(HealthDay News) – Evidence-based guidelines have been developed for the diagnosis and treatment of polycystic ovary syndrome (PCOS); the clinical practice guideline was published online Oct. 22 in the Journal of Clinical Endocrinology & Metabolism.

Richard S. Legro, MD, from the Penn State University College of Medicine in Hershey, and other Endocrine Society-appointed experts developed an evidence-based guideline for the diagnosis and treatment of PCOS. Preliminary drafts of the guideline were reviewed by committees and members of The Endocrine Society and the European Society of Endocrinology.

The researchers recommend use of the Rotterdam criteria for PCOS diagnosis (presence of two of the following: androgen excess, ovulatory dysfunction, or polycystic ovaries). Diagnosis is difficult to establish for adolescents and menopausal women. Alternate androgen-excess disorders and risk factors for endometrial cancer, mood disorders, obstructive sleep apnea, diabetes, and cardiovascular disease should be excluded in PCOS evaluation. First-line management for menstrual abnormalities and hirsutism/acne is hormonal contraceptives. The current first-line therapy for infertility is clomiphene. Metformin has shown benefit for metabolic/glycemic abnormalities and menstrual irregularity, but has little or no benefit for hirsutism, acne, or infertility. For adolescents with PCOS, treatment options include hormonal contraceptives and metformin. Although the impact of weight loss in improving PCOS status is unclear, other health benefits are seen with lifestyle interventions for overweight and obese patients. An unfavorable risk-benefit ratio has been noted with thiazolidinediones, while further research is needed on statins.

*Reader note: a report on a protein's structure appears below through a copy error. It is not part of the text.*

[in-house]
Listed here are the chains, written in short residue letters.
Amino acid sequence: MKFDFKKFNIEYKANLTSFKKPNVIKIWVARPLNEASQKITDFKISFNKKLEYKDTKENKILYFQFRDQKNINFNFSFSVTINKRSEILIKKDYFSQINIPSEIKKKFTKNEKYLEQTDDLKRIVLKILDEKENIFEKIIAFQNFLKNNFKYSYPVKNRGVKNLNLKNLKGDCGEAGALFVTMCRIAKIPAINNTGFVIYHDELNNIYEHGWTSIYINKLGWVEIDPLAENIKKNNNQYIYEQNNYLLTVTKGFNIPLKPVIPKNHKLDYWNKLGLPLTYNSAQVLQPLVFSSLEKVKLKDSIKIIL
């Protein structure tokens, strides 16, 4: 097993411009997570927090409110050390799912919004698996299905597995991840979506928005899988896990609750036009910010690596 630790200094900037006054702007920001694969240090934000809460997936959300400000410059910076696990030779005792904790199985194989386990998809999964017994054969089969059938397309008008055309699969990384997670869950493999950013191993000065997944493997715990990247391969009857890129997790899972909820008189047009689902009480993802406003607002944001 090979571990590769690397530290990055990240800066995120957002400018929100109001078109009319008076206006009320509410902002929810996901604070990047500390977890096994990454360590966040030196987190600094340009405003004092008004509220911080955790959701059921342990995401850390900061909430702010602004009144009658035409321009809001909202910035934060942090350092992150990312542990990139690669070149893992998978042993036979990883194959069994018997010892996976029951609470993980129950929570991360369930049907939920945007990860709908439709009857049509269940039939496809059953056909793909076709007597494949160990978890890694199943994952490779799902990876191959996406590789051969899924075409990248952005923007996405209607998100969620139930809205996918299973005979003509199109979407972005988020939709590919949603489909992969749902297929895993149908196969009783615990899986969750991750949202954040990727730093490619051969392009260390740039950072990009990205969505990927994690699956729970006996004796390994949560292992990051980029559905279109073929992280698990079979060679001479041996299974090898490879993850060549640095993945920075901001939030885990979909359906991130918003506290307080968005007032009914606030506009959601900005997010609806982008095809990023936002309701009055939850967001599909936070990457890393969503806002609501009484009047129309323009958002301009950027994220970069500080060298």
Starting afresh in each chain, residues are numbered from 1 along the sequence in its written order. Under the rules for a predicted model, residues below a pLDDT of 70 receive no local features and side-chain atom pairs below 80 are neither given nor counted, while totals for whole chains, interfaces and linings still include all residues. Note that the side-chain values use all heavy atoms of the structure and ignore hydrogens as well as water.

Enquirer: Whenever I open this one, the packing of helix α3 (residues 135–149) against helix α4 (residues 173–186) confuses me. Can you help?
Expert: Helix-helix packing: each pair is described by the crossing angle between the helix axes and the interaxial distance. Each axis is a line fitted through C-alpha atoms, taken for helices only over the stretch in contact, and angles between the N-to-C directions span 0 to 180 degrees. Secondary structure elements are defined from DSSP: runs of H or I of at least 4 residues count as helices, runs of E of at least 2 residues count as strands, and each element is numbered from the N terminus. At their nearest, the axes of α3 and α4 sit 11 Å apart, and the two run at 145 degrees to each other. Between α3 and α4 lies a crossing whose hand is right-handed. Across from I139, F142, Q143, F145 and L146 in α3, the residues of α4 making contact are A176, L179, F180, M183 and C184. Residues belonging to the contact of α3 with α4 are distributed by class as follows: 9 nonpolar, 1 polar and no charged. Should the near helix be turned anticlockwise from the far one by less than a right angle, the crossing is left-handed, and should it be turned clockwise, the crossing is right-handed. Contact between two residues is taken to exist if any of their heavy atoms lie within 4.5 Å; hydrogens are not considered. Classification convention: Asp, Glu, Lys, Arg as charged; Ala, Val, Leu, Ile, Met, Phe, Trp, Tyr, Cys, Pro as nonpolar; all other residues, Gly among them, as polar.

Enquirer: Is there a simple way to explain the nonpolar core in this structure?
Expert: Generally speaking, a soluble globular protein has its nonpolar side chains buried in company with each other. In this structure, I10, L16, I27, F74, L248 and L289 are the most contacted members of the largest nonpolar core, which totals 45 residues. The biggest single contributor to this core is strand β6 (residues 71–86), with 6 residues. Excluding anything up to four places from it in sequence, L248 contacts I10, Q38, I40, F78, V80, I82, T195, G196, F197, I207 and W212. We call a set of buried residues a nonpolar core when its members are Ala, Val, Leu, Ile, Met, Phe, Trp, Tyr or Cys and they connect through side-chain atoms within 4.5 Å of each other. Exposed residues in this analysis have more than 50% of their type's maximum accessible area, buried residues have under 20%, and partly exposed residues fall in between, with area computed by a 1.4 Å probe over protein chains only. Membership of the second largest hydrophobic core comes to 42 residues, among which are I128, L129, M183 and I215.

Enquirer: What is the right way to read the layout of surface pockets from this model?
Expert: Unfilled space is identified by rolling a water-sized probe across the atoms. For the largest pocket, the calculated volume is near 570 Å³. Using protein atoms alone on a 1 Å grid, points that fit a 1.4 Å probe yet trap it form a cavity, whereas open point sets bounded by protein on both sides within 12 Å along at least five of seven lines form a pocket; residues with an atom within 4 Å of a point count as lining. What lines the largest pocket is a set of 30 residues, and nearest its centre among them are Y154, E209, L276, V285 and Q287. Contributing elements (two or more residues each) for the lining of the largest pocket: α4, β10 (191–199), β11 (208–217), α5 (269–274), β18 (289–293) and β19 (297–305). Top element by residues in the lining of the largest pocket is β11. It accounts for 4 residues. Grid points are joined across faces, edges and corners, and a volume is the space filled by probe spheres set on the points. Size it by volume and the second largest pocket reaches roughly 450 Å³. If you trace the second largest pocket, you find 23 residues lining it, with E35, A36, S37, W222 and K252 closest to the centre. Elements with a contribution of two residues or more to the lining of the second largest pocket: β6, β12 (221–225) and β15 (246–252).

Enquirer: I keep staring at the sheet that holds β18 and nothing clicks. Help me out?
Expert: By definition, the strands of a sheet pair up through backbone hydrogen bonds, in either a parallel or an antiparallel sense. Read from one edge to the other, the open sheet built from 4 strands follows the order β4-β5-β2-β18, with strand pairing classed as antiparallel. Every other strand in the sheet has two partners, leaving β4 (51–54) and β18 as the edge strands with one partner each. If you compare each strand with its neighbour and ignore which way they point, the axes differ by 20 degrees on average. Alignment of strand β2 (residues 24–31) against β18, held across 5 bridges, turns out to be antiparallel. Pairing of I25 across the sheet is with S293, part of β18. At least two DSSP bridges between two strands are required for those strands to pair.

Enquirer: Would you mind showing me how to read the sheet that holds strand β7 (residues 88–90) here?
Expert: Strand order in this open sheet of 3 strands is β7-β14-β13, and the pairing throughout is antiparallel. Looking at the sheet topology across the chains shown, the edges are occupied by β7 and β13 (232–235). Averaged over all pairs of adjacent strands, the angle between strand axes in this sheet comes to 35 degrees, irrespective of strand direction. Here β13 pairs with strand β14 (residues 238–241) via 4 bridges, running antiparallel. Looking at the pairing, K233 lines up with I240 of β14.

“The Endocrine Society’s clinical practice guideline is designed to help physicians and patients navigate our evolving understanding of this complex condition,” Legro said in a statement.

Several authors disclosed financial ties to the pharmaceutical and medical technology industries.

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